Most of my weekday mornings are pretty typical, full of routine and fairly predictable. The exception to this are my Thursdays. On Thursdays I meet at a local coffee shop for an hour with a few friends for a sort of theologic discussion/book study/random thought session. It has become my favorite day of the week.

We always have a book we're working through, usually an edgy Christian book of one sort or another. We've studied a book by Newbigin that is out of print, then a book by Peter Rollins called Insurrection and are now working through Letters from a Skeptic by Gregory and Edward Boyd. We are taking on the "hard books" that challenge modern Christianity and challenge us to look at our faith and even our perceptions of what a Christian life is supposed to look like.

This group is kind of the antithesis of a group I was part of about 7 or 8 years ago. That group began with good intentions, namely challenging us to be men of faith and conviction. After a few years together however, it became a bit of a political hot-mess. It seemed that there was an understanding that somewhere in the bylaws of the Christian faith, you had to become a card carrying Republican.

I never got the memo on that.

I was a lone-wolf independent with Democratic leanings and because it was an election year, the Obama slamming was in full swing in this group. While I wasn't a big fan of his, I didn't think a "Bible Study" (because that's what we were at the time) was the place or platform for political discourse. I voiced my displeasure a couple of times when it came up and finally left the group because I didn't like what we had become. The group was Us vs. Them, Insiders vs. Outsiders.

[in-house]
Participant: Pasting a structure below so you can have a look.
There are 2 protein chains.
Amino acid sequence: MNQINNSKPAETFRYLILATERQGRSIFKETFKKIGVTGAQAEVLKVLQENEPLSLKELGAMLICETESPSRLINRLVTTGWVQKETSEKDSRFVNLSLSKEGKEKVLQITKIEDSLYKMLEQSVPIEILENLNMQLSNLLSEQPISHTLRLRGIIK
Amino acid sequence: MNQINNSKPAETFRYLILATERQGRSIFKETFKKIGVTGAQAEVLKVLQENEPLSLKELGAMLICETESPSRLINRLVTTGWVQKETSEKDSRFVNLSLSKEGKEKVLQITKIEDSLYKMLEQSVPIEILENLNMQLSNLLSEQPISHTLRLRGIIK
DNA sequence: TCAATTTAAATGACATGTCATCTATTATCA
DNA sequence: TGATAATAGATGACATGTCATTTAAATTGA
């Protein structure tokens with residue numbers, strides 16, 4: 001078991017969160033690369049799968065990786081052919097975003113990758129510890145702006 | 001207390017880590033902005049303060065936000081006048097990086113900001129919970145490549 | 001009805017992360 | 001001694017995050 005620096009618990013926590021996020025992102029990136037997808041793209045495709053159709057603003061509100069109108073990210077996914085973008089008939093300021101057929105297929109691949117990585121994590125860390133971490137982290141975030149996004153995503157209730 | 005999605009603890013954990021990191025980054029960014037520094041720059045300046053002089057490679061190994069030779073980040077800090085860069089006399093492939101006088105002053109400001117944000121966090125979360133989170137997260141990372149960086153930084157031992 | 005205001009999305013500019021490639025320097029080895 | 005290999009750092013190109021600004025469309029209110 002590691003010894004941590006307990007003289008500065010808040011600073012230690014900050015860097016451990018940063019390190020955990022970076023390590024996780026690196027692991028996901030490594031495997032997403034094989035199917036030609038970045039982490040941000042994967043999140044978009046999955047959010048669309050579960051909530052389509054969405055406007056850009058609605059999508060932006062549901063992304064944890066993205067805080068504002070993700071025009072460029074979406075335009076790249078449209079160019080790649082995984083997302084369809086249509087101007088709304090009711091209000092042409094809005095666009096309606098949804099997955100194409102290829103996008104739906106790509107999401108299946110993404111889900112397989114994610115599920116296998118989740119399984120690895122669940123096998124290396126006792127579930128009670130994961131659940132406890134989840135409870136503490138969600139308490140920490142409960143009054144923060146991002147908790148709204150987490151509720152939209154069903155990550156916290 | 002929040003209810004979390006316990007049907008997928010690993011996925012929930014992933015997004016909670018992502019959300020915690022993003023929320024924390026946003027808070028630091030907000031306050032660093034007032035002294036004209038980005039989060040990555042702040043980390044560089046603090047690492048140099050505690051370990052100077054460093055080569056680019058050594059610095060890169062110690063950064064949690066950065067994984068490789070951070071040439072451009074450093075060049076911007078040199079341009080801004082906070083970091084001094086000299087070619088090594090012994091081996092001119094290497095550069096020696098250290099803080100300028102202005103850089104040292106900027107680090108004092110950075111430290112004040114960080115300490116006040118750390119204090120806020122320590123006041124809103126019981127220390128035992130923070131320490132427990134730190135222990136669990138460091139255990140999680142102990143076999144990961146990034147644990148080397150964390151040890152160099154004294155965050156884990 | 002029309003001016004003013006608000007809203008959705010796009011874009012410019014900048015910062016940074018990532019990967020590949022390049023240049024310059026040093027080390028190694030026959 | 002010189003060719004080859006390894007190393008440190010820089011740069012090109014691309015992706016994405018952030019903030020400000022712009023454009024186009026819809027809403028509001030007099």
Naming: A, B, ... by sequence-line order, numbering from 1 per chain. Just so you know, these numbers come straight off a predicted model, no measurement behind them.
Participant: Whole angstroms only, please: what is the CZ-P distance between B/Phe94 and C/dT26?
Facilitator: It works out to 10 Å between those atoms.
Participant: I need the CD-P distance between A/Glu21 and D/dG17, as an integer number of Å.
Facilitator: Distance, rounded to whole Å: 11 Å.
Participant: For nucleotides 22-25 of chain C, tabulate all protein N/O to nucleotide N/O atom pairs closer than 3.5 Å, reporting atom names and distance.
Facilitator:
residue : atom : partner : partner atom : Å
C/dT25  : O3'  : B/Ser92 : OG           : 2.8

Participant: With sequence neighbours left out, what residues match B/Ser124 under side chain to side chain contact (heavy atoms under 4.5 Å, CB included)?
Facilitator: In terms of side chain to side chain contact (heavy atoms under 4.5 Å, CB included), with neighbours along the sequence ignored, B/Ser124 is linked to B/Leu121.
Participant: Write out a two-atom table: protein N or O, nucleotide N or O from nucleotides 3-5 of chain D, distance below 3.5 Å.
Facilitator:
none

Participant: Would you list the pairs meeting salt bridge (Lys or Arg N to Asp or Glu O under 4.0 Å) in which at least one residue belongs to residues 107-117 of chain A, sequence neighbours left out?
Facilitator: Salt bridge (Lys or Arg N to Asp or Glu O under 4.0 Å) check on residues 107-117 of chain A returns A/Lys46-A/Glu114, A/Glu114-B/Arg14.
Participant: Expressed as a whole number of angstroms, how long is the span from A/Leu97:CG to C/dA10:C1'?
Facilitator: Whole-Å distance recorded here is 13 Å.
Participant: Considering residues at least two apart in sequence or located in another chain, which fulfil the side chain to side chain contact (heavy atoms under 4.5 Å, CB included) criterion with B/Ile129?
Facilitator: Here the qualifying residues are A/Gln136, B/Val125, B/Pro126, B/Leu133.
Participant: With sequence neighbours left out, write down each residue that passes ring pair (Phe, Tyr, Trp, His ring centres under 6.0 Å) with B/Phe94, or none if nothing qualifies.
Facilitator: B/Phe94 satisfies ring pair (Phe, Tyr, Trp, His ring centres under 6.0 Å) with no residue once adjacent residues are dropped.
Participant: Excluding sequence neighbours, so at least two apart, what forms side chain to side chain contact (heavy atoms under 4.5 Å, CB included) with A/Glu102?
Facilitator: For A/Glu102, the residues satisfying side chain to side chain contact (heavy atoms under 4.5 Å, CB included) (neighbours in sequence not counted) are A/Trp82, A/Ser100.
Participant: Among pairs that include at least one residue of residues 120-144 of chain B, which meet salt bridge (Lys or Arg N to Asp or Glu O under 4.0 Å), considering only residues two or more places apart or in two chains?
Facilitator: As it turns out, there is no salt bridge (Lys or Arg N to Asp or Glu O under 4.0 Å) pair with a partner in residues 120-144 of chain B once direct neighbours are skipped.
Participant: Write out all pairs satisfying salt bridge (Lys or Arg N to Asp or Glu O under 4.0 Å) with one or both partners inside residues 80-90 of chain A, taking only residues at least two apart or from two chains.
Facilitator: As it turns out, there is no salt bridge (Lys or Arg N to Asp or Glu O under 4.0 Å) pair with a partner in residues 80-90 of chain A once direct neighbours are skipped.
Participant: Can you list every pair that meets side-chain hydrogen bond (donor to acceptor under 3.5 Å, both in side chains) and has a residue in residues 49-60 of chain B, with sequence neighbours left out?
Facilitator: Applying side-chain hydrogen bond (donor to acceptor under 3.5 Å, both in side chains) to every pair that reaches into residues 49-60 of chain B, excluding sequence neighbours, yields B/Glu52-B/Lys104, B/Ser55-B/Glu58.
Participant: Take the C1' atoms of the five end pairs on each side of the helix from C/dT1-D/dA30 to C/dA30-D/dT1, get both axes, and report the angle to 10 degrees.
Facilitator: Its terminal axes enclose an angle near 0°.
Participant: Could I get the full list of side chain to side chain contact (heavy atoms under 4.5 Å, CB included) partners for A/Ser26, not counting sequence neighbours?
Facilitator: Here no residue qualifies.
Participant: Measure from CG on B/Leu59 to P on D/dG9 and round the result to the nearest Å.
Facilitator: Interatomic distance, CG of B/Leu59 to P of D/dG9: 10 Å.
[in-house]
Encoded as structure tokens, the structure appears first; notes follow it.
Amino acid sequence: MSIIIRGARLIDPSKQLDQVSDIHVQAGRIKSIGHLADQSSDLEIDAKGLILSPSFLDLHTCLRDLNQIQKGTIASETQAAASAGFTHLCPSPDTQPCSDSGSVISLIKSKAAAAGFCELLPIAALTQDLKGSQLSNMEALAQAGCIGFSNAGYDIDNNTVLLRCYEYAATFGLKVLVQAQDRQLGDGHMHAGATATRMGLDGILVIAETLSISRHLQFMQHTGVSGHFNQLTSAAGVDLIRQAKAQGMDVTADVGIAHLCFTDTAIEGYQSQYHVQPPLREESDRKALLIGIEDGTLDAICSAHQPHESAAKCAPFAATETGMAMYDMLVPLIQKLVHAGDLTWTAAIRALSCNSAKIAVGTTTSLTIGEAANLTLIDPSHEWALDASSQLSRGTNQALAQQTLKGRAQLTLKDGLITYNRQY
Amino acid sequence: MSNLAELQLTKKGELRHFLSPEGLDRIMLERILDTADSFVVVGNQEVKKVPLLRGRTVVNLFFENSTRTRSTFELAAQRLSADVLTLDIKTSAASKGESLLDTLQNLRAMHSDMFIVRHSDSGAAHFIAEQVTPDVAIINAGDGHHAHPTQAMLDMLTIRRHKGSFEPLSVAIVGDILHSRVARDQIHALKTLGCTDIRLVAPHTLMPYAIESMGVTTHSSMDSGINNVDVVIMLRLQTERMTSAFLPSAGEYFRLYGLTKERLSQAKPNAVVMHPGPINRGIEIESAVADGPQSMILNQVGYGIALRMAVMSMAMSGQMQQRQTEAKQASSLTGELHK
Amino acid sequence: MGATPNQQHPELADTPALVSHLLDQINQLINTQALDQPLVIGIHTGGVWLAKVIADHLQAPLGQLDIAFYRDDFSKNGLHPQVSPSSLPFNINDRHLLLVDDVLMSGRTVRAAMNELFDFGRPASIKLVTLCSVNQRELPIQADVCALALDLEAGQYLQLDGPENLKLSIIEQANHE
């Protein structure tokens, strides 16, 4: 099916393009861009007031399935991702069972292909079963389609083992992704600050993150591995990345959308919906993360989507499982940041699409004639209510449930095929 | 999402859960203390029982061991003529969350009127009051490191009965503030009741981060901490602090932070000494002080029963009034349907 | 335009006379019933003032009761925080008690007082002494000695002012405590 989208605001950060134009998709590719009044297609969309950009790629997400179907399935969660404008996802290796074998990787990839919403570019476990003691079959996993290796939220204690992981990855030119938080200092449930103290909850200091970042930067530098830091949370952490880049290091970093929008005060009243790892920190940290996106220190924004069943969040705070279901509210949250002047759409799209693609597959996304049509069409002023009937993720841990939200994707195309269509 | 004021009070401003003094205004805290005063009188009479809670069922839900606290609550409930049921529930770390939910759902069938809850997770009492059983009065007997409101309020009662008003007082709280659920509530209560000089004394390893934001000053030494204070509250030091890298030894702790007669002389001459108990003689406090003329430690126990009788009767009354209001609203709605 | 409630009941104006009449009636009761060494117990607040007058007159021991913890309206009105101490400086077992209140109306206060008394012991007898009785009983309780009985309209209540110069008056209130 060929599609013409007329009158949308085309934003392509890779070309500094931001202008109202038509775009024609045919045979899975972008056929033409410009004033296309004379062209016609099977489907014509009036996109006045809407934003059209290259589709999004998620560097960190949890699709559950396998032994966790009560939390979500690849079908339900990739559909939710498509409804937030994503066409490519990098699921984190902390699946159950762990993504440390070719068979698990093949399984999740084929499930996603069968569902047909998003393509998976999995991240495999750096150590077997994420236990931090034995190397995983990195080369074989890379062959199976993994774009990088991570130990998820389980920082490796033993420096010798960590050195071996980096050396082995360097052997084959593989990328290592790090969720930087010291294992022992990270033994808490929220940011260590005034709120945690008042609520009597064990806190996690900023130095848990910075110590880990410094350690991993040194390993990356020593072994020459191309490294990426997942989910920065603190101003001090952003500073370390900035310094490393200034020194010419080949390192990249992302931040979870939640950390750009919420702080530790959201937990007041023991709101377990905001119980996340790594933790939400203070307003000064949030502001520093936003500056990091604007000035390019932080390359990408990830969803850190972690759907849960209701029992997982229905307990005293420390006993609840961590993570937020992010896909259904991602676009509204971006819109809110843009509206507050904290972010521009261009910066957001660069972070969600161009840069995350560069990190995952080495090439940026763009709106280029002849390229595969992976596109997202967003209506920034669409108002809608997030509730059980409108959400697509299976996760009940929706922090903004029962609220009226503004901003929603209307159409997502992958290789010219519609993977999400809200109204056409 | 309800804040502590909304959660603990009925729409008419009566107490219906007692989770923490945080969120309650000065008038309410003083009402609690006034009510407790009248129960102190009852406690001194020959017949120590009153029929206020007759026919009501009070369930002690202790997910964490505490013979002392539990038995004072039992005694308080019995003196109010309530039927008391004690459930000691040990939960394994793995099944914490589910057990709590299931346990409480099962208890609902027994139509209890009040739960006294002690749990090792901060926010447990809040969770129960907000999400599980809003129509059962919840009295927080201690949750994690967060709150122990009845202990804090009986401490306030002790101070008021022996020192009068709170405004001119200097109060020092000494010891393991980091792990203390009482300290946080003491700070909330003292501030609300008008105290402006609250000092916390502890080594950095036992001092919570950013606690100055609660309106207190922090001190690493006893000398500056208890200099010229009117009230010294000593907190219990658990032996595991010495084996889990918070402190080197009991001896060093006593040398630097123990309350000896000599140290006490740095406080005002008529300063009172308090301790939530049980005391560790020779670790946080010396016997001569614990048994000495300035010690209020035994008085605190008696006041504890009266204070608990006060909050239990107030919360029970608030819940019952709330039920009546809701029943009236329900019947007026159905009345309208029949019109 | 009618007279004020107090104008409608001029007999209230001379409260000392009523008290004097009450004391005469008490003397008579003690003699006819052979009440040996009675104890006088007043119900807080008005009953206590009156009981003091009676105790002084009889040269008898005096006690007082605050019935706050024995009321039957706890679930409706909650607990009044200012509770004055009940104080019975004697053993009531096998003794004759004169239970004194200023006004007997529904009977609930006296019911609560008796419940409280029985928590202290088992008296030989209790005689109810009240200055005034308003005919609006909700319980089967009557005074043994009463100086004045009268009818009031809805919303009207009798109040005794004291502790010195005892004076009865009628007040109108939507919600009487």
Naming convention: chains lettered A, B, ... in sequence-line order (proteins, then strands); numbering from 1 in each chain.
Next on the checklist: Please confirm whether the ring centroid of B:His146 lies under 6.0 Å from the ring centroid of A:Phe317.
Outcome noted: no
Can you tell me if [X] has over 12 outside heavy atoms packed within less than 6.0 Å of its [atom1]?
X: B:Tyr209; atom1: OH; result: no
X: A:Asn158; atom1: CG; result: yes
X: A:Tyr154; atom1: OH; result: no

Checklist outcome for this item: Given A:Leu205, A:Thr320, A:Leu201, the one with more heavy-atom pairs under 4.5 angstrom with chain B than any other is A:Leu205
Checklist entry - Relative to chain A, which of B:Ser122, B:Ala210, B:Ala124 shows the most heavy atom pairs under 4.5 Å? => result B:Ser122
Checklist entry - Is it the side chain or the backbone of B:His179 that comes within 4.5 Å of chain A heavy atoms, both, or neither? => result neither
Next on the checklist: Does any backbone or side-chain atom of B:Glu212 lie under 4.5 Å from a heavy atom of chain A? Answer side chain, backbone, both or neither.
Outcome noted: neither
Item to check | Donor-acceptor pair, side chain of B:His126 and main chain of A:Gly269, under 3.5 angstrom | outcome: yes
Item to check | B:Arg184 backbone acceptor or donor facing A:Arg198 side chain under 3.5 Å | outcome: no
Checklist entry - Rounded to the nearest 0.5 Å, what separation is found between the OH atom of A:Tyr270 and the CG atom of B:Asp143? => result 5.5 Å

So the new group is not that. We're quite the opposite. We realize that Church and State are separate for a reason. We realize both political parties have problems, and neither one is especially good at trying to regulate morality. We laugh at the people who think that Christian=Republican. Right now we're going through a study that is taking a close look at the Bible and challenging us to look at it more critically and realistically than maybe I've ever done in the past. I come away from these one hour gatherings energized and with my mind reeling.

I remember when one of the guys asked me to be part of the group one summer day. I told him I'd had kind of a bad experience in my previous group and left it at that. When I saw another guy from the group a couple of weeks later and he invited me, I took it as a sign that I should join them and see what the group is all about.

I'm glad I did.

Blogging off...

Wednesday, December 4, 2013

Beneath The Surface

We returned from St. Paul on Sunday after spending another Thanksgiving holiday in Minnesota with my family. It was an extraordinarily good 4 days. The holidays are always a bit stressful going in, but I've found that once they're upon me, I have no problem putting all of my effort into enjoying the time I have with family and friends. This past weekend was a good chance for catching up and getting under the surface of how my family members are really doing. Because of the extended time we spent together, we have a chance to talk about more than the weather, the Vikings and the Packers - (and, this year, I really thank God for that.)

We stayed with my sister in-law at her spacious new apartment in New Brighton. Our kids hung with her kids and her place was very conducive to relaxing and serious down time. I cherish time with her because of all of our shared past memories, but also out of love for her and her girls. She has the formidable task of raising two teenage girls and through talking to her over this break it's clear she's working on doing the best she can. She's focused on being there for them and moving forward after the loss of her husband, my brother. I am amazed by how healthy she looks, of her positive outlook, and am grateful our family has their family to support, love and encourage.